The way my dad used to do for my brother on Sunday mornings
He left the sandwich in the warm toaster oven
To stay heated until my brother woke up
(I don’t why this matters
But somehow it does)

Wednesday, November 22, 2017


There is not much to say about plums
that William Carlos Williams did not already cover
but I can say that they (and blackberries too) have a sweet
so startling deep that it hits you between your eyeballs
tingling in your brain and back jawbone.
The flavor emerges slowly, like blood clusters in a bruise
or the way it falls in water like backwards smoke.
Is it too biblical to associate fruit with death?
And sex? 
But Adam ate it too. The serpent spoke to them both.
What is forbidden always has flesh.
What is allowed always has breath.
What has teeth always fights back.
She ate it because he cared to ask.  

Friday, November 3, 2017


When a union of opposites makes a ceremonious entrance
I stand at the doorway, flinching
I have asked a million times for a map of this place
Where is the crevice wheremy voice will echo? When I whisper in between the beams?
Staring at gilded gold cherubs and overflowed toilets in the basement, crusted in sediment
The children singing in the choir
His blue eyes crying in between weak chains of laughter
He just buried his best friend, his mom makes a dry joke
Pulling back the heavy maroon velvet curtain, peering into the penance box
Dust shifts and I feel a thousand people crying. Their guilt as palpable as the cool, oily holy water I dip my finger into
scratching the bottom of the stone basin at the exit. I feel it like a sigh on my neck.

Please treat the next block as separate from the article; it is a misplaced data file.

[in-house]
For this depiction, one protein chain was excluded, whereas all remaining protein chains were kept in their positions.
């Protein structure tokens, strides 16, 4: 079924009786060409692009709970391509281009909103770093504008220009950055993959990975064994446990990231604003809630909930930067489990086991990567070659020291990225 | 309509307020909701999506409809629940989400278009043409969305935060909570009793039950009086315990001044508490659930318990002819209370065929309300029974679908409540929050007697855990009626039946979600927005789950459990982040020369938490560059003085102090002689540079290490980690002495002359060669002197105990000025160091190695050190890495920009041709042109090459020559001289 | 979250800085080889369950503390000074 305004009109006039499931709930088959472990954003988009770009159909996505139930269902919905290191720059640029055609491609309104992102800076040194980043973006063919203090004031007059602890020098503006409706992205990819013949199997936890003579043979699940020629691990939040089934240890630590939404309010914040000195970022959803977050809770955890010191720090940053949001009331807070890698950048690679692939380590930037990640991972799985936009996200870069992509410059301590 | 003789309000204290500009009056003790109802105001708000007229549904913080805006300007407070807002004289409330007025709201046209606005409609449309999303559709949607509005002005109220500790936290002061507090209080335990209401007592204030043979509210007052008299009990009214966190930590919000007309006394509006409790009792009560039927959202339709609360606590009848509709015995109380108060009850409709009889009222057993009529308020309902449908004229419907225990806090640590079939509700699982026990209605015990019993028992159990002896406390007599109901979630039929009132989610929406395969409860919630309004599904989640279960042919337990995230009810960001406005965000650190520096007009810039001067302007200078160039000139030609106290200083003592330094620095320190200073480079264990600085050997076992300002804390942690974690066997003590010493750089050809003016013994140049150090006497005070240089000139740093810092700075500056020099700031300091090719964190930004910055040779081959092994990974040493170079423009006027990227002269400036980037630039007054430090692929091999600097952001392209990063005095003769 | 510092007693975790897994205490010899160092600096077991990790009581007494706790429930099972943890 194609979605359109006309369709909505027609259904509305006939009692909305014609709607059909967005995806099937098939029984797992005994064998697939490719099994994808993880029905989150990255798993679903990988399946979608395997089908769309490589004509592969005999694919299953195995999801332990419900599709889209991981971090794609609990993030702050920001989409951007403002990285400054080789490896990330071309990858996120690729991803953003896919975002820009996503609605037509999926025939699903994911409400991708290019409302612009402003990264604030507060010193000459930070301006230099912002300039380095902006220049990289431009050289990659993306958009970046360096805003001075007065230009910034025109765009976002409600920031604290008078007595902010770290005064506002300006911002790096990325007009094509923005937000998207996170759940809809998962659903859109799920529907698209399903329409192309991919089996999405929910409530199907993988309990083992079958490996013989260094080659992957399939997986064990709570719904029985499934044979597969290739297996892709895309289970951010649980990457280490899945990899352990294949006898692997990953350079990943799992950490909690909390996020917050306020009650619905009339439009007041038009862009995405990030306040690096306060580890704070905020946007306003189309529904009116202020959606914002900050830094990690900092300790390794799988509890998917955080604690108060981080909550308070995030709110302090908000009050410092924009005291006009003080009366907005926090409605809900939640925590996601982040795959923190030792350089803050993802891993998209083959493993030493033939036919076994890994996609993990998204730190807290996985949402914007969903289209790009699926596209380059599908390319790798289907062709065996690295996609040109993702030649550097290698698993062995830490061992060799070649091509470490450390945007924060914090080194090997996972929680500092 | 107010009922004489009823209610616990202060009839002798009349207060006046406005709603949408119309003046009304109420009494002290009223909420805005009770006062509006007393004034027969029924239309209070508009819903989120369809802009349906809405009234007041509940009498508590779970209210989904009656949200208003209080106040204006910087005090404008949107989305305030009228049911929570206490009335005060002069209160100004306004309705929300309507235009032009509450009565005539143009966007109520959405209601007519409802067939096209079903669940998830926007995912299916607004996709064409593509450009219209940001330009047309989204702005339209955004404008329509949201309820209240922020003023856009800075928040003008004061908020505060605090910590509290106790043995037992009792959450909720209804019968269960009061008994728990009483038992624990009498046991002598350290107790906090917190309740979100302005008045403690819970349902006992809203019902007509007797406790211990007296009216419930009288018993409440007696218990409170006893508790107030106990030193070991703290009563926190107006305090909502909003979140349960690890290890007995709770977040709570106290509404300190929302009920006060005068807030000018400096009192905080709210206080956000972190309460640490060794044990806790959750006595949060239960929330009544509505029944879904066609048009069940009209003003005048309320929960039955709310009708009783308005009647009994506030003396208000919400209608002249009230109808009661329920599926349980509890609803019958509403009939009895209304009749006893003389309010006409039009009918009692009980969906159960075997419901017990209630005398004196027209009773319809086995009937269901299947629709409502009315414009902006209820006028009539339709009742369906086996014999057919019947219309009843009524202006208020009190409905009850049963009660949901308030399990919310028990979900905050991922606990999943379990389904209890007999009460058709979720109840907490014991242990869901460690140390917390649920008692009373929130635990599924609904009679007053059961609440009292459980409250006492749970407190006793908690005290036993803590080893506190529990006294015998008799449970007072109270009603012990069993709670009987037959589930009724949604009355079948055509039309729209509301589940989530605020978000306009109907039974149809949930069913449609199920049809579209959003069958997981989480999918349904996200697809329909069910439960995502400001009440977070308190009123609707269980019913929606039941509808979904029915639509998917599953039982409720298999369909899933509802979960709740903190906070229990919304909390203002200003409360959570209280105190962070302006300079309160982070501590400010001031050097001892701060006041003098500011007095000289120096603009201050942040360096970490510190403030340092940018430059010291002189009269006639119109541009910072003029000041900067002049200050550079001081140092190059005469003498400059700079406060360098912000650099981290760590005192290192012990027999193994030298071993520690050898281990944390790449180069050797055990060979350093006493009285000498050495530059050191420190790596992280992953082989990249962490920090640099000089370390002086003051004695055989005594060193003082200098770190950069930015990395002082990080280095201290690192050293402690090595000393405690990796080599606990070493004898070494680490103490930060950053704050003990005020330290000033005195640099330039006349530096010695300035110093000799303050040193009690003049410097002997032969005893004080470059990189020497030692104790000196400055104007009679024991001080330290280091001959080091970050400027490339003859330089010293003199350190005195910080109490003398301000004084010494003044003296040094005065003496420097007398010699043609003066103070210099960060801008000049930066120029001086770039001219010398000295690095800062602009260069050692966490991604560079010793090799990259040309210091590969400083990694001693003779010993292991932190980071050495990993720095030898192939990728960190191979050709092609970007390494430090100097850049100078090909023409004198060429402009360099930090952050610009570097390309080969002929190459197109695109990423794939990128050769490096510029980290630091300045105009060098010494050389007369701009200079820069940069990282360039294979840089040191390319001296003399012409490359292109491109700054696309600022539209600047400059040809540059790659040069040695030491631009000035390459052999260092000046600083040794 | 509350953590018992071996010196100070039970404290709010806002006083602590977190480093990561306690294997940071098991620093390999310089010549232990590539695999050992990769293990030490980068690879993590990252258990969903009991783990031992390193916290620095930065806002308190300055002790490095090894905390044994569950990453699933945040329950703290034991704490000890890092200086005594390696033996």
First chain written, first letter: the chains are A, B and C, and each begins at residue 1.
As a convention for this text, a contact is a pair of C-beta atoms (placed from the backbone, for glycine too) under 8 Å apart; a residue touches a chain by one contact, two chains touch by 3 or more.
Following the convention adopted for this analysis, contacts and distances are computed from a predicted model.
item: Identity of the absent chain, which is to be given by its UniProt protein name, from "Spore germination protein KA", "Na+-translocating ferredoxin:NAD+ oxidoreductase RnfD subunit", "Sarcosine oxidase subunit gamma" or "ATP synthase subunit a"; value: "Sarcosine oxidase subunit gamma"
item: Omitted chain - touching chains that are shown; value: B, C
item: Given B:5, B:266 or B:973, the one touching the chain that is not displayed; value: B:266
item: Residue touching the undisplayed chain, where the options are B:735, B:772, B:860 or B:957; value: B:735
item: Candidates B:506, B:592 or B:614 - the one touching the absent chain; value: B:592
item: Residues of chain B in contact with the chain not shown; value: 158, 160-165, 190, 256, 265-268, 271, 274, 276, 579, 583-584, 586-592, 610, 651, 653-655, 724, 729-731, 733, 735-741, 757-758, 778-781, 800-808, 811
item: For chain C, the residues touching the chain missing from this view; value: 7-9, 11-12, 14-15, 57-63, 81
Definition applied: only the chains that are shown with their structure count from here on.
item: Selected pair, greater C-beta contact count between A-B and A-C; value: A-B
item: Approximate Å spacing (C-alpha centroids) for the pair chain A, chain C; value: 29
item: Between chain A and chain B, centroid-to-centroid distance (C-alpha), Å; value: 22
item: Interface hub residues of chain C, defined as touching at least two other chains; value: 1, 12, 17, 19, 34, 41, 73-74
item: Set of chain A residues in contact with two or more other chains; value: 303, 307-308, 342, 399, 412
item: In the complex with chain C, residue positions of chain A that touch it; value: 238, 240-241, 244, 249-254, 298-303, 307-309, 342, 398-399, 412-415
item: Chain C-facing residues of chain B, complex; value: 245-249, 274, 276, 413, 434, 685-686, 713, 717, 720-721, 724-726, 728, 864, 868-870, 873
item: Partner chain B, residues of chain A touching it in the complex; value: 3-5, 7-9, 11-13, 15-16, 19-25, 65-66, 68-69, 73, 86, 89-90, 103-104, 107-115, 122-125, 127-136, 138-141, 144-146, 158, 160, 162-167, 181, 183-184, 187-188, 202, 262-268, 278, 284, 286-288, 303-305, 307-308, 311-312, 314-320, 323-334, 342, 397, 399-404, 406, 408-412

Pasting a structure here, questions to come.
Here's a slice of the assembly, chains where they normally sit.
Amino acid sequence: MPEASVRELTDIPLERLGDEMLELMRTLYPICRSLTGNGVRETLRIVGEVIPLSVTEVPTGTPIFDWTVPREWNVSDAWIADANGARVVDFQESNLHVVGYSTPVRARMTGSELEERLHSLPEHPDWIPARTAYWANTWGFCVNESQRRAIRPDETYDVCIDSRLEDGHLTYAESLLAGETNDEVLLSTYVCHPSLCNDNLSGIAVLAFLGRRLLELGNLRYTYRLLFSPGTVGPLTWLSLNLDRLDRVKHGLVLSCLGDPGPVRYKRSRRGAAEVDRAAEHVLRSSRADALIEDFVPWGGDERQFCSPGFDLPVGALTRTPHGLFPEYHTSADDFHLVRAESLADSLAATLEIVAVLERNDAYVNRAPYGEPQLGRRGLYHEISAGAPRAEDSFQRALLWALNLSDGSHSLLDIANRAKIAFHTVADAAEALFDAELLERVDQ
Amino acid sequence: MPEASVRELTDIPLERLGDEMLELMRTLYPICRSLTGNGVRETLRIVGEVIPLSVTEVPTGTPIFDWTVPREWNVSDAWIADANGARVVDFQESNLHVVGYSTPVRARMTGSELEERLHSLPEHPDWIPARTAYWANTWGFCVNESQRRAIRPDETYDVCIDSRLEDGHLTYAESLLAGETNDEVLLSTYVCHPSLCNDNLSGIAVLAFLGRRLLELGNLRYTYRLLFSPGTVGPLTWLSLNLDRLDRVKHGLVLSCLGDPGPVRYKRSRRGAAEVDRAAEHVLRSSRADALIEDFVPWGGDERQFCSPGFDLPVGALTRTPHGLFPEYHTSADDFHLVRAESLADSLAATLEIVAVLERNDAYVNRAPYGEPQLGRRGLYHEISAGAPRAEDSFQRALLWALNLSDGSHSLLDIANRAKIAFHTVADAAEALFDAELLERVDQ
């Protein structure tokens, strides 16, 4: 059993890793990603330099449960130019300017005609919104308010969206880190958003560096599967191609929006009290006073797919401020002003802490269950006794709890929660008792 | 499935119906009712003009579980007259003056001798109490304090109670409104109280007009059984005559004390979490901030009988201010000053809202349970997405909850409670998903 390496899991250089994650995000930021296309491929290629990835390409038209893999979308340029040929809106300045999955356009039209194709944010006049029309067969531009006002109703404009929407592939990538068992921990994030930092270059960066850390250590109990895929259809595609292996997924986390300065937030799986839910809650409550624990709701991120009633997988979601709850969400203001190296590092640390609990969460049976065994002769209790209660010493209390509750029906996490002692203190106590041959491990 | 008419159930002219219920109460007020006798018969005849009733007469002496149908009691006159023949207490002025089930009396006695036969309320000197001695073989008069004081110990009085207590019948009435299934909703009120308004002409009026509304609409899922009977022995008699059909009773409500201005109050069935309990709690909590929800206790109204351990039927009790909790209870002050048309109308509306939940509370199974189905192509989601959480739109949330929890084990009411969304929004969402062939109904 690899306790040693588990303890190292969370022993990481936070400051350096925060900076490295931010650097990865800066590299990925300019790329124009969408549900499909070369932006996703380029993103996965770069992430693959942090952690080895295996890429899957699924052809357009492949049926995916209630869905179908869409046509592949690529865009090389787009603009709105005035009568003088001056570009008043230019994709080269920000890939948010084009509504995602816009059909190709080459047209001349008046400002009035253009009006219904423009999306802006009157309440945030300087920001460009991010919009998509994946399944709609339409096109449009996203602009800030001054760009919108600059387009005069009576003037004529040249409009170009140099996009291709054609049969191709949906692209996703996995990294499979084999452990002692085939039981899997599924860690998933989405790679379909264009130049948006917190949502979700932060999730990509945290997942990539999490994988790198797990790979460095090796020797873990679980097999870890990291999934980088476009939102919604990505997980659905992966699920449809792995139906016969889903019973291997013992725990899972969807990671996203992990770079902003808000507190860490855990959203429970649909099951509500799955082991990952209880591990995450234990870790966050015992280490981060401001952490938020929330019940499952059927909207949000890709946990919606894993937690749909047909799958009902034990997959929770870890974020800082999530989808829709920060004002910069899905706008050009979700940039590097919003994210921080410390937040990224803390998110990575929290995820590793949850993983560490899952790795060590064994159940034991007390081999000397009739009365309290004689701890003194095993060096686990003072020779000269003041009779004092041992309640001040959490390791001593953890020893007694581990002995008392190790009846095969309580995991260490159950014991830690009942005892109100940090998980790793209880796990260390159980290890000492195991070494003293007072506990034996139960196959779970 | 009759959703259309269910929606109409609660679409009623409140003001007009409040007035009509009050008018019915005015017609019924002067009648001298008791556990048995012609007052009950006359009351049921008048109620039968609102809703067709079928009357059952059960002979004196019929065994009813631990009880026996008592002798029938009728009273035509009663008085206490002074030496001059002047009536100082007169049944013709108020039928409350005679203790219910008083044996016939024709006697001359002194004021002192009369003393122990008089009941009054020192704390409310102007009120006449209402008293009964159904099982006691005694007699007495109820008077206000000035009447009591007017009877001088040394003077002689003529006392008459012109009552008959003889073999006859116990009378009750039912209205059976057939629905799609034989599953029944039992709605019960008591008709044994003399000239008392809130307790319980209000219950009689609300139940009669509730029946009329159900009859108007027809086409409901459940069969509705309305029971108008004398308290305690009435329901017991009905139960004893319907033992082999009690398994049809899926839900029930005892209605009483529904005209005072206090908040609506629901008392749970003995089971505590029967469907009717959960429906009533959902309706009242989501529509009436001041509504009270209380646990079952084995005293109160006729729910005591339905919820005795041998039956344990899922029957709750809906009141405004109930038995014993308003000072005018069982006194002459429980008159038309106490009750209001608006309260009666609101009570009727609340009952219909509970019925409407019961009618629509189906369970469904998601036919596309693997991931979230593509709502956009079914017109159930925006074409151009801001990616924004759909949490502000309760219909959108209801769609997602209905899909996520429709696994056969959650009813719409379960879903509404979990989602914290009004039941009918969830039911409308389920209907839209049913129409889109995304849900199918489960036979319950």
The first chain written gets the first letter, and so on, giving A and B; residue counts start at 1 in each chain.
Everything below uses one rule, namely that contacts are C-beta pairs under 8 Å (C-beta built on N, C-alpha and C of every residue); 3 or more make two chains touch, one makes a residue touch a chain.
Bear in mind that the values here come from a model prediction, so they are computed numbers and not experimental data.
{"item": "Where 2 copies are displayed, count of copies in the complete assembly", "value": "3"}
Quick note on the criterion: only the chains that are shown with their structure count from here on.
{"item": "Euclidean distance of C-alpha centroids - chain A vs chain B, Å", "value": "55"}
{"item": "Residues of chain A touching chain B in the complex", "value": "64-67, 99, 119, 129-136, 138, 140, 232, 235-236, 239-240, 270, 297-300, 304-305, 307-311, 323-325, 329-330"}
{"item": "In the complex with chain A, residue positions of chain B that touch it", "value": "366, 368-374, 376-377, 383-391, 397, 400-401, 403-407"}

Do I belong here?
Looking up, crosses, pain, paint stains and light filtering through the diamond slices of windows
I do
I do?
This is my favorite part: the pews. The hard wood against my back and sits bones. You have to sit a certain way.
You have to remember we will all be pinned to a tree someday.
Outside, the sun is hazy behind clouds though you have to squint to see the green gingko tree leaves turning yellow at the edges. “There are a hundred ways to kneel and kiss the ground,” Rumi said
There are a hundred, thousand ways for your ego to die. Look up, look up. 

Monday, August 28, 2017

Looking Out, Looking In

“The moon was an orange!” the little girl said –
“like someone took a bite out of it while flying in the sky.”
Without glasses everything was grey and bright, low light
gleaming off of skyscrapers above us. Shadows falling in strange places.
With glasses, a marigold circle in and out of black clouds.
This is what we came to see. To watch one another look up at stars
and wonder why we are all here. Carrying cereal boxes and cell phones
saying things like, “wow” and “did you see it?” and “we should get back to work.”
As if.
As if the work was never out here, with one another, gazing at each other,
gazing at the stars, knowing it was all the same.